The amounts of ingredients used in the composition of this invention are influenced, to some extent, by the requirements that the composition be of a paste-type viscosity as well as have a plasticity number of from 125 to 300 when the water is removed. If the emulsion of (A) has a solids content near the lower limit of 50 percent by weight, the amount of filler needed to obtain a paste-type viscosity, will be greater than if a higher solids emulsion is used for (A). The amount of filler necessary to obtain a paste-type viscosity is also dependent upon the kind and particle size of the filler chosen. These considerations are known to those skilled in the art and easily determined by simple experimentation.
The composition of this invention is based upon 100 parts by weight of the hydroxyl endblocked polydiorganosiloxane in the emulsion of (A). From 0.05 to 0.4 part by weight of dialkyltindicarboxylate (B) is used to catalyze the cure of the composition. Amounts in the lower part of the range are satisfactory when the amount of phenyltrimethoxysilane is in the upper part of its range while higher amounts of (B) are required when the phenyltrimethoxysilane is in the lower part of its range. The preferred amount is from 0.1 to 0.3 part by weight. The dialkyltindicarboxylate is preferably in the form of an emulsion as it is then more easily dispersed uniformly during mixing. The preferred dialkyltindicarboxylate is dioctyltindilaurate.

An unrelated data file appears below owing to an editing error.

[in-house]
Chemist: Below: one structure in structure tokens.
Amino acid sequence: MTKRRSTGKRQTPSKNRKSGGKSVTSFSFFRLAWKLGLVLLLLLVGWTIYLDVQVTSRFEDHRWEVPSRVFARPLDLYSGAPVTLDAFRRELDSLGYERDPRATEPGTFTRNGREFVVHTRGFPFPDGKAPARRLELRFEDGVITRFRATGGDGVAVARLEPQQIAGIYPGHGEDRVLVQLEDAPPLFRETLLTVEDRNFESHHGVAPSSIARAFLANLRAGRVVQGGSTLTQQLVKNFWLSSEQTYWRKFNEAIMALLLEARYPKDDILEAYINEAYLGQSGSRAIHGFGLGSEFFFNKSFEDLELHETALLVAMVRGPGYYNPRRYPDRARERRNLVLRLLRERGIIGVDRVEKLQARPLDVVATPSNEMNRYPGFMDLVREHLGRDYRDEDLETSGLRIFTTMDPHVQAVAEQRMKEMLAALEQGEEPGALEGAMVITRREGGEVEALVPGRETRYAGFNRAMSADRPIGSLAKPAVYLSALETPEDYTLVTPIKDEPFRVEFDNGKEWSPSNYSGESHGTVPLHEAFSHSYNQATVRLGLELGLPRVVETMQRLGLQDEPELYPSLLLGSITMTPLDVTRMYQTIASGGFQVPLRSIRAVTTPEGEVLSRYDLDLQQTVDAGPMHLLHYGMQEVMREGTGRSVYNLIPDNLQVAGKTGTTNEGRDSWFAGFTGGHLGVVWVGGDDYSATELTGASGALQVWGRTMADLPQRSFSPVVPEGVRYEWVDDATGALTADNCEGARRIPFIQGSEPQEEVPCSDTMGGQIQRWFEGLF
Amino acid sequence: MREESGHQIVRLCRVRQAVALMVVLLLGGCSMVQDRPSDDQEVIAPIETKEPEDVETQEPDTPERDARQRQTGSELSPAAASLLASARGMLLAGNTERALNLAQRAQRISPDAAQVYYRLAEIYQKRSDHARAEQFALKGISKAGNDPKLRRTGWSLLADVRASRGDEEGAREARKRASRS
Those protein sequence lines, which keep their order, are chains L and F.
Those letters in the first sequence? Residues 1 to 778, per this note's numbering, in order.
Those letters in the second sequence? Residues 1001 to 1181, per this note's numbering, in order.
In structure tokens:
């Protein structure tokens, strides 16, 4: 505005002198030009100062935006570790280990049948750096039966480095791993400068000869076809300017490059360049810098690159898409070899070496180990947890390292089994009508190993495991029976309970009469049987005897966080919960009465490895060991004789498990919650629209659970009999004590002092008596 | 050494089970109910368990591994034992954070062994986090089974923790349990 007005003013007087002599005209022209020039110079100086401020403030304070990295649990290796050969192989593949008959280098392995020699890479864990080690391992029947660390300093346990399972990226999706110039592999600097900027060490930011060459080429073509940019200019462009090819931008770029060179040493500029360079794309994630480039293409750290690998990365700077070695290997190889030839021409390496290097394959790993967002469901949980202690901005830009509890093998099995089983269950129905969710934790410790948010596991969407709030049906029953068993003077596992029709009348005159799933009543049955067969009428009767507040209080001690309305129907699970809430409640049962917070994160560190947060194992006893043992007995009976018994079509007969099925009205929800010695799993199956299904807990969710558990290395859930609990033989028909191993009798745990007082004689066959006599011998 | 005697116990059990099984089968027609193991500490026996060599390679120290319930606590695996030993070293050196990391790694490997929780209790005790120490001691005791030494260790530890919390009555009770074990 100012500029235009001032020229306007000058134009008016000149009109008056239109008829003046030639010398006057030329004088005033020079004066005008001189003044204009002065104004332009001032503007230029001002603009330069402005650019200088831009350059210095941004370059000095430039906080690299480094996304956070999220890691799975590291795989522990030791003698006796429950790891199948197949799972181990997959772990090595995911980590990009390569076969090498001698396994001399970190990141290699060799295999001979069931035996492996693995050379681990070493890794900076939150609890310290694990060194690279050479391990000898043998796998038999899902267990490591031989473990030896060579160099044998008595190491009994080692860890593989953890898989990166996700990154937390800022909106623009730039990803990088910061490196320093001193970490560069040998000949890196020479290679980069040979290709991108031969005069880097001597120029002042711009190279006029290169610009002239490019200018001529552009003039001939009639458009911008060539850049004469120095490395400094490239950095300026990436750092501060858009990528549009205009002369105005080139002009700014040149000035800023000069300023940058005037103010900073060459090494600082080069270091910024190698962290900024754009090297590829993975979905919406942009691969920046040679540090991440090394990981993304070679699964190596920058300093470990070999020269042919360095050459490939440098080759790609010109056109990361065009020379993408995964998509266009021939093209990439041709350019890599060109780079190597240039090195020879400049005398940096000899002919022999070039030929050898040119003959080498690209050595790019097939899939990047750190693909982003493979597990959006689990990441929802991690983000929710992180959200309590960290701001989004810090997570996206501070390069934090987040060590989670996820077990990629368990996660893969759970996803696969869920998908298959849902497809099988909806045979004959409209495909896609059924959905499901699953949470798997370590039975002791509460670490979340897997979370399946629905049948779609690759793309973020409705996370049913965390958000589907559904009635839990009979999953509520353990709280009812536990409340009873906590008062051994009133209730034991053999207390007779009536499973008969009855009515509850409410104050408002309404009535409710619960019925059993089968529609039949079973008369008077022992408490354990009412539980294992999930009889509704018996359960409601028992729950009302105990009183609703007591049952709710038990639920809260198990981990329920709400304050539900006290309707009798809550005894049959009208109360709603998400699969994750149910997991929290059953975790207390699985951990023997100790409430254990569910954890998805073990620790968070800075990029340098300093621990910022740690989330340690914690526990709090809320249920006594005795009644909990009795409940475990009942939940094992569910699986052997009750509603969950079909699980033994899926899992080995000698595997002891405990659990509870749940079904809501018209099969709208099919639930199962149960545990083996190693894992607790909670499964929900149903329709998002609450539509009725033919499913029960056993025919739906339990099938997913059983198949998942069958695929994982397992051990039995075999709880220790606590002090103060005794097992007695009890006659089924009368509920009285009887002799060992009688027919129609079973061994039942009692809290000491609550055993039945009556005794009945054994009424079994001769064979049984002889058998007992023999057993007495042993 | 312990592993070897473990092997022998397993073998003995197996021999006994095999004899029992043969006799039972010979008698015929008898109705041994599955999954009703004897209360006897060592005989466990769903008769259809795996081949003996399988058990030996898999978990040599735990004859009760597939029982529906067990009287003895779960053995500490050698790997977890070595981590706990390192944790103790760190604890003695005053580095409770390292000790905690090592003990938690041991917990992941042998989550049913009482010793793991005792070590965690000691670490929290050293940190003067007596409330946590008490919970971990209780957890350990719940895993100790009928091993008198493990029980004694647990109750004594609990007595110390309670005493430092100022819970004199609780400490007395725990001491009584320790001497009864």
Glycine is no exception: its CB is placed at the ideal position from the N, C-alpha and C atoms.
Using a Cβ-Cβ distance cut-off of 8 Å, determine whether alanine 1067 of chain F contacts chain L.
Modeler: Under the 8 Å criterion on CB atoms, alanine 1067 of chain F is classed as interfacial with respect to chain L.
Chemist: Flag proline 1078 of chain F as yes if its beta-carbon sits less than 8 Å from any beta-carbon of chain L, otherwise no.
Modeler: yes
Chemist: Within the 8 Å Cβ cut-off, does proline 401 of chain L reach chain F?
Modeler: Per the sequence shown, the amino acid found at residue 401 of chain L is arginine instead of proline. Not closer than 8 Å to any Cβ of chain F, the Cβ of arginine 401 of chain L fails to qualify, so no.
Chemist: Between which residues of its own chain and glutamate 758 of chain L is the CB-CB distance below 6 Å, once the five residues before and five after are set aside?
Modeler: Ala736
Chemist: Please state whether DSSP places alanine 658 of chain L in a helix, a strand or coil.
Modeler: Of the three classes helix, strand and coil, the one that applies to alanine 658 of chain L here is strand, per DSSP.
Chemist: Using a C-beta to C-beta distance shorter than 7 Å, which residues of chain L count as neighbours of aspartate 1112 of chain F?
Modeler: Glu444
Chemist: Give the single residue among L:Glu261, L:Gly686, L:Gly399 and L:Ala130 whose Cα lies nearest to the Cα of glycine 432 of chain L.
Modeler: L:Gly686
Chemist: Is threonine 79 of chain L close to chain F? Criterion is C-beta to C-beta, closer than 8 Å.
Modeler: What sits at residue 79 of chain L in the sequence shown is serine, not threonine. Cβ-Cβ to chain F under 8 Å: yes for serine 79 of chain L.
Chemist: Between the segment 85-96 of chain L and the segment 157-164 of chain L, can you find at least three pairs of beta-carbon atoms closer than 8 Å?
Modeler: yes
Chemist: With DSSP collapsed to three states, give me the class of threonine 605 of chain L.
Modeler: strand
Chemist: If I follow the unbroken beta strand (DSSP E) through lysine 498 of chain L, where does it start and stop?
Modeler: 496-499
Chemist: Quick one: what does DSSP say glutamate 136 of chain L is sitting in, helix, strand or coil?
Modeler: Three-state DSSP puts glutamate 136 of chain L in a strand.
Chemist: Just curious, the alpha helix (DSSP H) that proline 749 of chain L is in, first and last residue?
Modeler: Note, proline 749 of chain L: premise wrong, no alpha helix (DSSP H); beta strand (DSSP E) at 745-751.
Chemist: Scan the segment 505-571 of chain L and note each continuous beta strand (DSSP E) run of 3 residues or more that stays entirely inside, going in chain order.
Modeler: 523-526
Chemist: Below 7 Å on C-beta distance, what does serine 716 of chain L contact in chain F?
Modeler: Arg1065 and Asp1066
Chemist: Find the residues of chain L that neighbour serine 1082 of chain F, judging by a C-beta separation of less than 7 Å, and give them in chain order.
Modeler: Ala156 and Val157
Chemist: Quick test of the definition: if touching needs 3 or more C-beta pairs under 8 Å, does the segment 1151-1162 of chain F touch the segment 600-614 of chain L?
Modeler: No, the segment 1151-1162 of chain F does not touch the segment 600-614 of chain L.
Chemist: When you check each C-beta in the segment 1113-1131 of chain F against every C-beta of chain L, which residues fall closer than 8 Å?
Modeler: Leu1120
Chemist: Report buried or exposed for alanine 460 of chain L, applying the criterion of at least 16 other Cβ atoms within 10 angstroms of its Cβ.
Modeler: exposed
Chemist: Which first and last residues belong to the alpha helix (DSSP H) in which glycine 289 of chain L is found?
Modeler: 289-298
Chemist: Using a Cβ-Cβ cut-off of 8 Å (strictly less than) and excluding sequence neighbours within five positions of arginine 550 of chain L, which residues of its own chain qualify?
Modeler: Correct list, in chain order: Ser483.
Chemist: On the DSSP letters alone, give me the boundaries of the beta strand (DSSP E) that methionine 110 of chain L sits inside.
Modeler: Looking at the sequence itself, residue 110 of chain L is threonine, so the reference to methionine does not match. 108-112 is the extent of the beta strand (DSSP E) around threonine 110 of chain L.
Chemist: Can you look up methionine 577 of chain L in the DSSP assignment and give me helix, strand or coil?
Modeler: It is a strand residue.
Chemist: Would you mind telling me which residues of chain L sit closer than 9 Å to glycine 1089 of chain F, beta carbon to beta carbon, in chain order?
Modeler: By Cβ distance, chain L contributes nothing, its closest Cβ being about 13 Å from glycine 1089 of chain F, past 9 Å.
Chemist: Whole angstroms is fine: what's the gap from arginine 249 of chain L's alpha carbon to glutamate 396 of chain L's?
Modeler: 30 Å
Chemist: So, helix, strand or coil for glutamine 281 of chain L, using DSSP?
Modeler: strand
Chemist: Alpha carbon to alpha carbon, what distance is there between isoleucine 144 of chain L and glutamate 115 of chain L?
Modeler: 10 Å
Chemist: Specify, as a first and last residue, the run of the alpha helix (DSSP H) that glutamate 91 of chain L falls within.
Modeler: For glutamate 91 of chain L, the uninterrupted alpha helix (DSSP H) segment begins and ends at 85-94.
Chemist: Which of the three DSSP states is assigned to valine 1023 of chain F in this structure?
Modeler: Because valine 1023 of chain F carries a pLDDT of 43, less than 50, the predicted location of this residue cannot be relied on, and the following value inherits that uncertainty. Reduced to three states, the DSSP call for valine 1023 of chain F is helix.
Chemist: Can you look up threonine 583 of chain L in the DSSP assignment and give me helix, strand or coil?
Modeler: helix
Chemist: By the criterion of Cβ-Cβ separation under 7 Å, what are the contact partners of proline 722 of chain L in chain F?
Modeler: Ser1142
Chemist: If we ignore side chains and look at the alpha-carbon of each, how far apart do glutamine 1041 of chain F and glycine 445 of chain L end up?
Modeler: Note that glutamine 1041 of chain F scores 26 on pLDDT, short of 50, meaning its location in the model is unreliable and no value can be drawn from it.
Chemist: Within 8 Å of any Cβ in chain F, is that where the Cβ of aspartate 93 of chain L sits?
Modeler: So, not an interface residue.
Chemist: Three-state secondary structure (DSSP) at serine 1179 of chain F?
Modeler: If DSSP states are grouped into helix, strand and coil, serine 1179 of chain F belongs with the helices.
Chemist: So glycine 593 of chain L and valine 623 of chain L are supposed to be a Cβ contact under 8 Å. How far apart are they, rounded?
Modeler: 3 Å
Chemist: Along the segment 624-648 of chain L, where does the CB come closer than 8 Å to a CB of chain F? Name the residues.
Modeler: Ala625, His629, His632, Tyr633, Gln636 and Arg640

The phenyltrimethoxysilane (C) can be used over a range of from 1 to 12 parts by weight with a preferred range of from 2 to 8 parts by weight. Within the 2 to 8 parts by weight range, a softer putty is obtained by using less of the phenyltrimethoxysilane.
The amount of filler (D) can be varied from 50 to 200 parts by weight. The amount used is determined by the nature of the filler or fillers chosen. The preferred amount of filler is that which gives the desired paste-type viscosity. As more filler is added, the emulsion becomes more viscous. The preferred amount of filler is from 120 parts to 150 parts of the preferred calcium carbonate filler, having an average particle size of from 0.5 to 1.0 micrometers.
The silicone compositions of this invention are prepared by ordinary high intensity mixing of the ingredients until a uniform material is obtained. The emulsion of (A) is placed in the mixer, ingredients (B) and (C) are added and mixed, then the filler (D) is slowly added with mixing so that it is uniformly dispersed. Because the final mixture is of a paste-type viscosity, the equipment must be strong enough to properly mix the ingredients at this viscosity. In the laboratory, a stainless steel container is used with a propeller-type, air-driven mixer. It is not desirable to build up heat during the mixing process. If necessary, the emulsion can be cooled before the filler is mixed in. After a uniform paste is obtained, the mixture is placed under vacuum or centrifuged to remove air entrapped during the mixing process. The deaired mixture is then placed into a sealed storage container.